A dissapointing number this morning: Only 96,000 new jobs were added to company payrolls in September — that’s far fewer than the 145,000 consensus economists forecast.
Some curious data under the headlines in this morning’s Employment Situation report. The Establishment survey gains of 96,000 were below consensus, and well below what the 150,000 per month needed just to keep pace with population growth. Also of note: of these 96,000 jobs, only 59,000 were private sector (37k were govt.) I need to drill further into the Birth/Death adjustment (business creation/destruction) but at first glance it appears that out of those 59,000 private sector positions, ~30,000 were due the birth/death adjustment.
The Household survey shows a drop of 201,000 jobs (Hey! Where are all the Household Survey cheerleaders this month?!?); Note also that 485,000 people left the labor force — a surprsingly high number. Lastly, the BLS made specific mention of an unusal phenomenon in their release — the increase in “multiple job holders.”
Here’s a quick excerpt:
Many economists had expected the hurricanes that pummeled Florida and other areas of the Southeast to be a factor in the report, but Kathleen Utgoff, commissioner of the Bureau of Labor Statistics, said the ability to gauge the hurricanes’ effect on the jobs numbers is limited. “Overall, we do not believe that the net result of these factors materially changes the national employment situation for September, but we cannot precisely quantify the weather effect,” she said.
Friday’s report also included revised data for the period from March 2003 through March 2004. Payroll employment for that time was raised by about 236,000 jobs, according to a preliminary estimate. That number was also weaker than many forecasters had expected. President Bush’s Council of Economic Advisers had estimated that the payroll-employment figure for that period could be revised upward by 288,000 jobs, and conceivably by as much as 384,000.
BLS September Jobs Release (October 8, 2004)
Last Pre-Election Jobs Report Shows Modest Payroll Growth
Firms Added 96,000 Jobs in September;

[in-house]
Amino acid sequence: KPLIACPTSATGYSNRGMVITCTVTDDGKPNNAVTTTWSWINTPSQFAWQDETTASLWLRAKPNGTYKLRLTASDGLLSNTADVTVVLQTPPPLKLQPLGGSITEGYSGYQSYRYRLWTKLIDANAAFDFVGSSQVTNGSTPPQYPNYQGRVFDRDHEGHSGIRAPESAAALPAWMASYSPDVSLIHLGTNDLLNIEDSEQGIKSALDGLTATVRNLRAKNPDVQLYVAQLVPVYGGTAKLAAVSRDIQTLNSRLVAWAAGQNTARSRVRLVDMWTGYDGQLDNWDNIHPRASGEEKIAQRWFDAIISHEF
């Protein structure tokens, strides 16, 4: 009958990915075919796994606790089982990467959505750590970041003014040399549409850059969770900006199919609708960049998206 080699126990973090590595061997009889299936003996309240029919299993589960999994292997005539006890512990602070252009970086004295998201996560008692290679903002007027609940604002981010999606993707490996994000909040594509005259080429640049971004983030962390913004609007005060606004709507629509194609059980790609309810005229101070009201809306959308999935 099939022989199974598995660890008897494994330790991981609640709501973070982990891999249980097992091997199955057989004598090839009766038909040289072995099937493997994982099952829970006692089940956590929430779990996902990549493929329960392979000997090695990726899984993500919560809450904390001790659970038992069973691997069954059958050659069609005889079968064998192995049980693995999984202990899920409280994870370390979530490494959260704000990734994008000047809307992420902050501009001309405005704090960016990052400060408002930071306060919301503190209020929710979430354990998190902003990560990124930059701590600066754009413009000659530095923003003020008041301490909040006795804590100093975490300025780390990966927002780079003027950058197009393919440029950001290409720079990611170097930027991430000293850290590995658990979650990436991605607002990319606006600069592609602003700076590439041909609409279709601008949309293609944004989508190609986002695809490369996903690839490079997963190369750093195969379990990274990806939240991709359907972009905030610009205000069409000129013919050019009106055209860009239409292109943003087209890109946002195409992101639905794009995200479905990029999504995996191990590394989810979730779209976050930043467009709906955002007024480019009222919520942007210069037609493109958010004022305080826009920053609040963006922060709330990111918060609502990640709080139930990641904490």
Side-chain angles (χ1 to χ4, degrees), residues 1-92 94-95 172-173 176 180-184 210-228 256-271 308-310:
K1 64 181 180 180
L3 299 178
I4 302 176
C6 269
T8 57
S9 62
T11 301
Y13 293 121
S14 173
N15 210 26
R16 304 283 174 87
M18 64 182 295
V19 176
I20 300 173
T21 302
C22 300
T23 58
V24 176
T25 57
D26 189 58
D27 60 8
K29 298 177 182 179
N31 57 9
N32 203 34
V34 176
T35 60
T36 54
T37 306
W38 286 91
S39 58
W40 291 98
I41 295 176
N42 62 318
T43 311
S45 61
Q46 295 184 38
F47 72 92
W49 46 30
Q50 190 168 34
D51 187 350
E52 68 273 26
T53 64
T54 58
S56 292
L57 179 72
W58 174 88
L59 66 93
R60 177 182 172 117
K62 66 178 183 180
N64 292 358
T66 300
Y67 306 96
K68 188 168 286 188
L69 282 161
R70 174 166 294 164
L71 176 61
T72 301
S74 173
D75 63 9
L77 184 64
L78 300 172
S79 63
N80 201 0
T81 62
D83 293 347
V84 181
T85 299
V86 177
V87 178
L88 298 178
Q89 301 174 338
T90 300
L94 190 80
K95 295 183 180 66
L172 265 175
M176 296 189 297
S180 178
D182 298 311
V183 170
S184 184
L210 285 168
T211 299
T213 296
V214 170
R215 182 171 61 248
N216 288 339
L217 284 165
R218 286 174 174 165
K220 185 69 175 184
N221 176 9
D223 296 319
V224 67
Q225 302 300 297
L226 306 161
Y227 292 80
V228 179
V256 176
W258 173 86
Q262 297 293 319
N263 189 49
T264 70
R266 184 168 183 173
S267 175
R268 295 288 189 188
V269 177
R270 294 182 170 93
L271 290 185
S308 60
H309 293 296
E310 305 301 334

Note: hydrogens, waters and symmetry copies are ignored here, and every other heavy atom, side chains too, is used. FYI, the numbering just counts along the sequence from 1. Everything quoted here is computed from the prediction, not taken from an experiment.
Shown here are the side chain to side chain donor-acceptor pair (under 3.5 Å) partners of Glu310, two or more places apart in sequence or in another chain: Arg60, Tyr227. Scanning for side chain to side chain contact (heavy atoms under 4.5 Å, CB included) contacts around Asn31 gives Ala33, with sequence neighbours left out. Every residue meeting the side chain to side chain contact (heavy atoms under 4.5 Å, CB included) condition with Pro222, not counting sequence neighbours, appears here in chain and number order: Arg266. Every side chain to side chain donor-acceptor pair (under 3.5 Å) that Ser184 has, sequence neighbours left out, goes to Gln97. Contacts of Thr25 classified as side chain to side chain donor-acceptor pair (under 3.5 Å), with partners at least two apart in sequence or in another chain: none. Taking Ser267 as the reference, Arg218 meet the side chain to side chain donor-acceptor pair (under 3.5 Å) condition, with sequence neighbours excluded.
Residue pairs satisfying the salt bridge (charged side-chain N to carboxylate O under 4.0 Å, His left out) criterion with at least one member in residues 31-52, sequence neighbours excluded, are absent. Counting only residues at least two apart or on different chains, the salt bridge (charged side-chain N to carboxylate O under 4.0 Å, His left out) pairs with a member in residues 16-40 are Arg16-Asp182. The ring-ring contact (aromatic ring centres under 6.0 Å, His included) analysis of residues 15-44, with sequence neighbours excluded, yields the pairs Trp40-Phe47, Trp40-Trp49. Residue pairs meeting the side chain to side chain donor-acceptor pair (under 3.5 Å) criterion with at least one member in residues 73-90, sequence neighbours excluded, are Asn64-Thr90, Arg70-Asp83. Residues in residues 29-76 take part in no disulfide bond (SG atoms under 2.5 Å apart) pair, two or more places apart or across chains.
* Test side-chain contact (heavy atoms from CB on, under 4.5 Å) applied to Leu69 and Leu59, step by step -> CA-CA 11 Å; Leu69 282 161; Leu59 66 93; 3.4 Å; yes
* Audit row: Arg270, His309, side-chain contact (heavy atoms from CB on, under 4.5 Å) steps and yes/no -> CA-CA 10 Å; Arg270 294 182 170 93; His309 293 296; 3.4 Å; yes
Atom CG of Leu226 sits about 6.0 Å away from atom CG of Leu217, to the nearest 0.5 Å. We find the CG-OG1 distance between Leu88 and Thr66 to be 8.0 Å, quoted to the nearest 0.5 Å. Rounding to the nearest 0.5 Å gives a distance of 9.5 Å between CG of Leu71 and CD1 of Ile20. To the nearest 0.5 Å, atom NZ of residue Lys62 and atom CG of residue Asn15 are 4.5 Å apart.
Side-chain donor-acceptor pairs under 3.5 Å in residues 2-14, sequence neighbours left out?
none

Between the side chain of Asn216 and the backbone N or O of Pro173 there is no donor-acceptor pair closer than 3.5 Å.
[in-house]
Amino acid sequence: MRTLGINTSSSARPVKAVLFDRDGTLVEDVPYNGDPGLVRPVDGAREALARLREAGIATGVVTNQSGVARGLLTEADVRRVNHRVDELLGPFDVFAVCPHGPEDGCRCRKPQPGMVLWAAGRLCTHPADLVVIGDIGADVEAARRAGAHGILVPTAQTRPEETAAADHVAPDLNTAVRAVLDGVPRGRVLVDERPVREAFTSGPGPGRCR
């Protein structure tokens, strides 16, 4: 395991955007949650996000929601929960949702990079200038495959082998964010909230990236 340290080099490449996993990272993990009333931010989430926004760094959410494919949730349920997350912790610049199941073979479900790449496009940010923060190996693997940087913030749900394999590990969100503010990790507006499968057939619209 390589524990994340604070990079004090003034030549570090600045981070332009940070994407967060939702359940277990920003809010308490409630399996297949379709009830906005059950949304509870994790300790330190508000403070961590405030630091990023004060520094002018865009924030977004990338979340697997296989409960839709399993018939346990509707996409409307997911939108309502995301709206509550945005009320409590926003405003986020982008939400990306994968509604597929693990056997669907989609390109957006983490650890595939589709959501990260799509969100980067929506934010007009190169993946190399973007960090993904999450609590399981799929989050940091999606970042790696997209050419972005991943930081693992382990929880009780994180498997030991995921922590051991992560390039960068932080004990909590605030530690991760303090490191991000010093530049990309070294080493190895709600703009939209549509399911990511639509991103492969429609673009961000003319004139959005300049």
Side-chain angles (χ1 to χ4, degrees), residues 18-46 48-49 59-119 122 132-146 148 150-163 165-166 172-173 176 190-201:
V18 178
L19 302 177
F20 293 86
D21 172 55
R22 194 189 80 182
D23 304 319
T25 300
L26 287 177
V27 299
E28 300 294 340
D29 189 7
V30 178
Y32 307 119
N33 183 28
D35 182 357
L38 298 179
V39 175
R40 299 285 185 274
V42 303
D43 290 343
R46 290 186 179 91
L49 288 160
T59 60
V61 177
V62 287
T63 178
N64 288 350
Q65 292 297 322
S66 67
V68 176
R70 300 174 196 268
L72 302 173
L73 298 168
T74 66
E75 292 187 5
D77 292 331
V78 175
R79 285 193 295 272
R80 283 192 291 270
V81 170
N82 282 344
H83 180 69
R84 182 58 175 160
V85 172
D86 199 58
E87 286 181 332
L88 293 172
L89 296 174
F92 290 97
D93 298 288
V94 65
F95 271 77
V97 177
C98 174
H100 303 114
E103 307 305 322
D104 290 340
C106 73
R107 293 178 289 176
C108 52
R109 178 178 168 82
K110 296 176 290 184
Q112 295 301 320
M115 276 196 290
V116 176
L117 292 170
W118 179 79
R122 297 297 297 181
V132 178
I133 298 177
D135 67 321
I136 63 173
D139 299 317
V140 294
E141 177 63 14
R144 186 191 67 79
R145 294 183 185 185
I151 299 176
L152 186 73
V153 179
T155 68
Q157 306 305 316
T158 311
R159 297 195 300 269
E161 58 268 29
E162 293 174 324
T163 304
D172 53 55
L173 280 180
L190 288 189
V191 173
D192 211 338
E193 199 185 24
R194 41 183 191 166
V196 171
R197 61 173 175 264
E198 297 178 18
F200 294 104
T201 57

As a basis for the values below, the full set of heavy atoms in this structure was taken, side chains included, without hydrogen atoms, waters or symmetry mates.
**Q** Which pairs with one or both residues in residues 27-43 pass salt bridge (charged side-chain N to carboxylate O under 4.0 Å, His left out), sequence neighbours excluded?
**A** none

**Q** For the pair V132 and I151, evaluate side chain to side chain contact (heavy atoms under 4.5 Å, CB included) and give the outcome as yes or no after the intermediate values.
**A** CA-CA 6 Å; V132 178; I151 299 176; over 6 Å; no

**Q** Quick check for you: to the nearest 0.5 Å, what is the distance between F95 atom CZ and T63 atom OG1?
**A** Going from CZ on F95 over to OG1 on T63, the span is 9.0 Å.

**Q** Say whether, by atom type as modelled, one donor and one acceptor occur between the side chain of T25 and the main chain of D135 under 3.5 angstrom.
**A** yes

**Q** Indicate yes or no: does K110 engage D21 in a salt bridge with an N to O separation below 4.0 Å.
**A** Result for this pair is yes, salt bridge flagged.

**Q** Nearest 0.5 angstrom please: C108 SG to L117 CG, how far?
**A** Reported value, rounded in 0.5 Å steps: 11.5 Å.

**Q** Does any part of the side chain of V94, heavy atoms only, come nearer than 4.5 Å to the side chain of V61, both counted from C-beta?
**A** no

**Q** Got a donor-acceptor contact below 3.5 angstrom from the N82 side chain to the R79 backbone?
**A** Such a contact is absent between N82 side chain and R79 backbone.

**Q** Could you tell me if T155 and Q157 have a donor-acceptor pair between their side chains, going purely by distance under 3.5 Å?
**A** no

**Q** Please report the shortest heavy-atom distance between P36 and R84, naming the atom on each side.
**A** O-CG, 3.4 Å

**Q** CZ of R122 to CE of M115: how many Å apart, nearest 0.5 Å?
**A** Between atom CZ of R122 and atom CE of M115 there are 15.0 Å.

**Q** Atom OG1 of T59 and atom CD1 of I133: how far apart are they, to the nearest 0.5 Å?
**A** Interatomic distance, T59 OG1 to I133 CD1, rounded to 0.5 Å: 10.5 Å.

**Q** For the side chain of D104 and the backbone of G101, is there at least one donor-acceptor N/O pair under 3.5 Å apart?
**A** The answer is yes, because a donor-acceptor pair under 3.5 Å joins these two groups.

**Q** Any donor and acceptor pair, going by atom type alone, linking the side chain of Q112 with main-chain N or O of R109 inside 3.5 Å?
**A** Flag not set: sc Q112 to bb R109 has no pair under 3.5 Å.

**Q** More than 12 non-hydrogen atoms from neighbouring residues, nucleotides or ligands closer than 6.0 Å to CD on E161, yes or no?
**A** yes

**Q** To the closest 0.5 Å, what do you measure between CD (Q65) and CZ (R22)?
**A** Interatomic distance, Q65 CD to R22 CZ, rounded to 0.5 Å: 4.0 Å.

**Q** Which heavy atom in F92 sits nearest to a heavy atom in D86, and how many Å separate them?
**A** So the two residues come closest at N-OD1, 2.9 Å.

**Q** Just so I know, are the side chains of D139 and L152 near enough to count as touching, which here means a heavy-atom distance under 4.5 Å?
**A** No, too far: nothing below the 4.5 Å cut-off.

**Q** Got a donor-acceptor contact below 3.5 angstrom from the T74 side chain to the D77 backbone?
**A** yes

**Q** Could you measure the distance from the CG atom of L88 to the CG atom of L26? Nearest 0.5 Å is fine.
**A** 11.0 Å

Revision Finds Stronger Hiring in 2003
A WALL STREET JOURNAL ONLINE NEWS ROUNDUP
October 8, 2004 10:17 a.m.
Last Thursday’s presidential debates surprised many of the 63 million Americans who tuned in by offering substantive policy discussions. The candidates were relatively light on rhetoric and theatrics. That represents an improvement over the style-heavy focus so common most election years. What was also interesting is how the outcome of the debates diverged from the political futures exchanges, which have become the darlings of the economic and political punditocracy.
These exchanges have a host of inherent weaknesses:. They have a very small number of active participants; The dollar amount wagered is tiny; and, and upon closer inspection, these markets have what can only be called a mixed track record. That should be of little surprise to students of the capital markets, as the liquid, cash-rich exchanges offer no better utility in predicting the future. Investors who make financial decisions based on what these “prediction markets” suggest are engaging in risky financial behavior – despite the fact they have become de rigeur among the talking heads.
What are the reasons for relying on markets as predictors of the future? I consider the following concepts as key to the belief that futures markets can be used as predictors:
· Price contains all the information one needs.
· Human beings are rational economic players.
· Information distribution is highly efficient.
· Market participants capitalize on that information.
· Markets are free from manipulation.
It should be apparent to most market observers that each of the above items is, at best, only partially true: Investors are hardly unemotional; The markets may be efficient – eventually – but often contain pockets of false or poorly disseminated information; and. And, while it may be difficult to manipulate the giant U.S. equities markets, the diminutive futures exchanges are much more easily influenced.